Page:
Steel is used in various applications throughout the world particularly in the construction of bridges and buildings.
But, we are not talking about just any kind of steel. We are talking about structural steel. The properties of structural steel make it extremely strong and durable.
If you are interested in learning more about this critical resource, then you have come to the right place. We will be addressing our most frequently asked questions about structural steel.
Check it out.
- What is structural steel
- How is structural steel made and how is it different from regular steel
- What is structural steel used for
- What specific structures are built with structural steel
- Common structural steel sections
- Where is structural steel sourced from
- Advantages and disadvantages of structural steel
- Structural steel grades
- How long does structural steel last
- Does structural steel rust
- What is structural steel design
- What is structural steel detailing
- How to paint structural steel (does it need to be primed)
- Does structural steel need to be fireproofed
- Is structural steel galvanized
- What is the cost of structural steel
What is structural steel?
Structural steel is a carbon based metal, available in many grades, that is used all over the world in the construction industry. To be considered structural steel in the United States, the product must meet industry standards set forth by ASTM International.
So, how is structural steel different from non-structural steel? Well, it comes down to the composition of the product. And, to understand this, we must first understand what steel itself is.
Steel is an alloy made out of iron and carbon. Most of us are familiar with these elements, but may not have known that it’s rare to find them existing in their pure forms.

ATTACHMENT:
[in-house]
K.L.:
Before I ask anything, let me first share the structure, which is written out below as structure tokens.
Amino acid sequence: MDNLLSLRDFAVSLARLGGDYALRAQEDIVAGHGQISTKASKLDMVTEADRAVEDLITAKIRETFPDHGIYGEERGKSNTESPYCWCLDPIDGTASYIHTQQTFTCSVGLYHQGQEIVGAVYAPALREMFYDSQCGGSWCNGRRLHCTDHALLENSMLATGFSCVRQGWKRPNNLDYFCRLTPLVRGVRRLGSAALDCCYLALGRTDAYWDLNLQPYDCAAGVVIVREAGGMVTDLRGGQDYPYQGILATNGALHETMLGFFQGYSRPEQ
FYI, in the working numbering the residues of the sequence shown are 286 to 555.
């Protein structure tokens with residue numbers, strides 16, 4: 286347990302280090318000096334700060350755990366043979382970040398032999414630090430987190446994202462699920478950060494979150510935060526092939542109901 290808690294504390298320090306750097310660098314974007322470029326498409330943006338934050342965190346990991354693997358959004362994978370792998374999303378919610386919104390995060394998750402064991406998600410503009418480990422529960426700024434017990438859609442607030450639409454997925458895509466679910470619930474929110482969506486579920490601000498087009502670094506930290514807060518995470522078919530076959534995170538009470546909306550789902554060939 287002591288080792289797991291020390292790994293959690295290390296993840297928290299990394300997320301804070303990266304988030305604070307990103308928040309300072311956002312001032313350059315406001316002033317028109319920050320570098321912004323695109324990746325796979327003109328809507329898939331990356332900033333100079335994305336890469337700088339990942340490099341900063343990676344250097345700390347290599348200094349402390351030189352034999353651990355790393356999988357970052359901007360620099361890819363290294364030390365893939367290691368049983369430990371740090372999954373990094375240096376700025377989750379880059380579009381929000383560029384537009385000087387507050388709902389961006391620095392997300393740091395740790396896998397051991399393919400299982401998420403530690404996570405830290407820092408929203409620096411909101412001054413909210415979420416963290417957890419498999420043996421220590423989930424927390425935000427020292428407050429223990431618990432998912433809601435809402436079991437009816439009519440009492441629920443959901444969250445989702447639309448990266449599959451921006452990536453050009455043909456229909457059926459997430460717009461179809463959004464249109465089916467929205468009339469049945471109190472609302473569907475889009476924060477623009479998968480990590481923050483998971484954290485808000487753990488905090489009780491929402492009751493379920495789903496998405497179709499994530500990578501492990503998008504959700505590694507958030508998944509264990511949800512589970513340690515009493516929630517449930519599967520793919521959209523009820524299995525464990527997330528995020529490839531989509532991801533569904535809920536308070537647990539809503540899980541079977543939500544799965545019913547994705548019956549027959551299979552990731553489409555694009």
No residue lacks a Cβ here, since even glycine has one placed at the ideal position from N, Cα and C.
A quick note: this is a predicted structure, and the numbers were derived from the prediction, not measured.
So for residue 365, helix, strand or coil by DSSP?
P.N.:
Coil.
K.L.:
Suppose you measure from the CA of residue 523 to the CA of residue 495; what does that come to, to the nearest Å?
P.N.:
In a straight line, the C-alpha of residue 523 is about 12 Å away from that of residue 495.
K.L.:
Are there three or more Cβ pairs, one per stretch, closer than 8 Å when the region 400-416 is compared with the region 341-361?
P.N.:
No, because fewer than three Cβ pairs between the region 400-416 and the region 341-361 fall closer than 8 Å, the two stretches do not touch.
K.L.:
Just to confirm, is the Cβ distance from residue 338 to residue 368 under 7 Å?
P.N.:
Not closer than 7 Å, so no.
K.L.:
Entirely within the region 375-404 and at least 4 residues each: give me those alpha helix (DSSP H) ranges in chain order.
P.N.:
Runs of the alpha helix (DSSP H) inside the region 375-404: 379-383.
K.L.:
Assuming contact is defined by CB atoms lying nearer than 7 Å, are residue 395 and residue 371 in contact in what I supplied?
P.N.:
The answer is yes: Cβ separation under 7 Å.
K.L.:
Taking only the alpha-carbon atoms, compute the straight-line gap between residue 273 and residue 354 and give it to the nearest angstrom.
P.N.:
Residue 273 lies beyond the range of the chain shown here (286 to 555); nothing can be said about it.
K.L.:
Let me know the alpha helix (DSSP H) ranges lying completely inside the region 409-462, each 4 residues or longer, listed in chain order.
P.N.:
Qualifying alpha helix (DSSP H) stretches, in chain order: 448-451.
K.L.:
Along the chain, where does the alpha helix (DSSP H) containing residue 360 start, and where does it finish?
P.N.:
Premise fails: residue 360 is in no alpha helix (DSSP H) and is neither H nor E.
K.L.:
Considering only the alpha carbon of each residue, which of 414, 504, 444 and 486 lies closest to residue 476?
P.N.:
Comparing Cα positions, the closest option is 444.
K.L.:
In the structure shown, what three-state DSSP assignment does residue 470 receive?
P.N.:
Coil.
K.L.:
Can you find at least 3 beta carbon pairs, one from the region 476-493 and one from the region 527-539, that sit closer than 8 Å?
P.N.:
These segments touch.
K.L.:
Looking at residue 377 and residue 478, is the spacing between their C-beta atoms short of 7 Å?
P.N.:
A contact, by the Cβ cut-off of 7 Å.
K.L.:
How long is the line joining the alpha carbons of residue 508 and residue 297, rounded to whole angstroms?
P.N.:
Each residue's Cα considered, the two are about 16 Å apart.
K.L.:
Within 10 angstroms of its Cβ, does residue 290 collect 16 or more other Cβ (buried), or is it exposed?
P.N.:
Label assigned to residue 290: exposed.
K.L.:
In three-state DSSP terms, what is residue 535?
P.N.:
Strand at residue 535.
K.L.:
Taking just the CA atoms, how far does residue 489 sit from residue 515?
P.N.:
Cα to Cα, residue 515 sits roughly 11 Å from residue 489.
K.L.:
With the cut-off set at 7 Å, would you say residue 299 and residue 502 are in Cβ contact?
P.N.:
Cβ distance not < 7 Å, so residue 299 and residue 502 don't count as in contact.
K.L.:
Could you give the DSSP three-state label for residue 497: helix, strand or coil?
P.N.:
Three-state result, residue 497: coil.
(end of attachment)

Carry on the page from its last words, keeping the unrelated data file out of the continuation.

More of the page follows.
So, how is steel made and how is it different from structural steel? Let’s jump to the next section to find out.
How is structural steel made and how is it different than regular steel?
Before we get into the specifics of structural steel, let’s just discuss how steel in general is made.
There are two ways that steel can be made a) working with raw materials or b) recycling used materials.
We will touch on raw materials first.
The first step in making steel from raw materials is to extract iron from iron ore. Did you know that iron ore can be extracted from taconite in local Minnesota mines?
Yep, right here in our backyard.
The iron ore is extracted from taconite by first grinding it into small particles and then using magnets to pull out the iron ore.
This leads up to the next step in the process of making iron.
The iron ore is actually quite weak and needs carbon to provide it with strength. When working with raw materials, a blast furnace is used to heat iron ore and carbon will be added to the mixture.
Side note- Do you guys remember Henry Bessemer from history class? He’s the guy who created the blast furnace sometime in the mid 1850s. Neat, huh?
You may be wondering what the source of carbon is. Typically, it’s a form of coal high in carbon called coke. This coke is mixed with iron ore under high temperatures. It’s the heat that creates the chemical reaction responsible for the carbons from coke bonding to the oxygens from iron oxides. This is called reduction.
At this point the material will contain too much carbon for the product to be considered steel. It’s the reduction of carbon that helps to provide the material with strength. So, the mixture will be heated and cooled strategically until the carbon content is less than 2.1% of the product’s weight. Structural steel must have a carbon content between 0.05-0.25%.
Ding Ding Ding!
We finally answered our original question. Structural steel has a carbon content between 0.05-0.25%. This is what makes it stand out among other types of steel.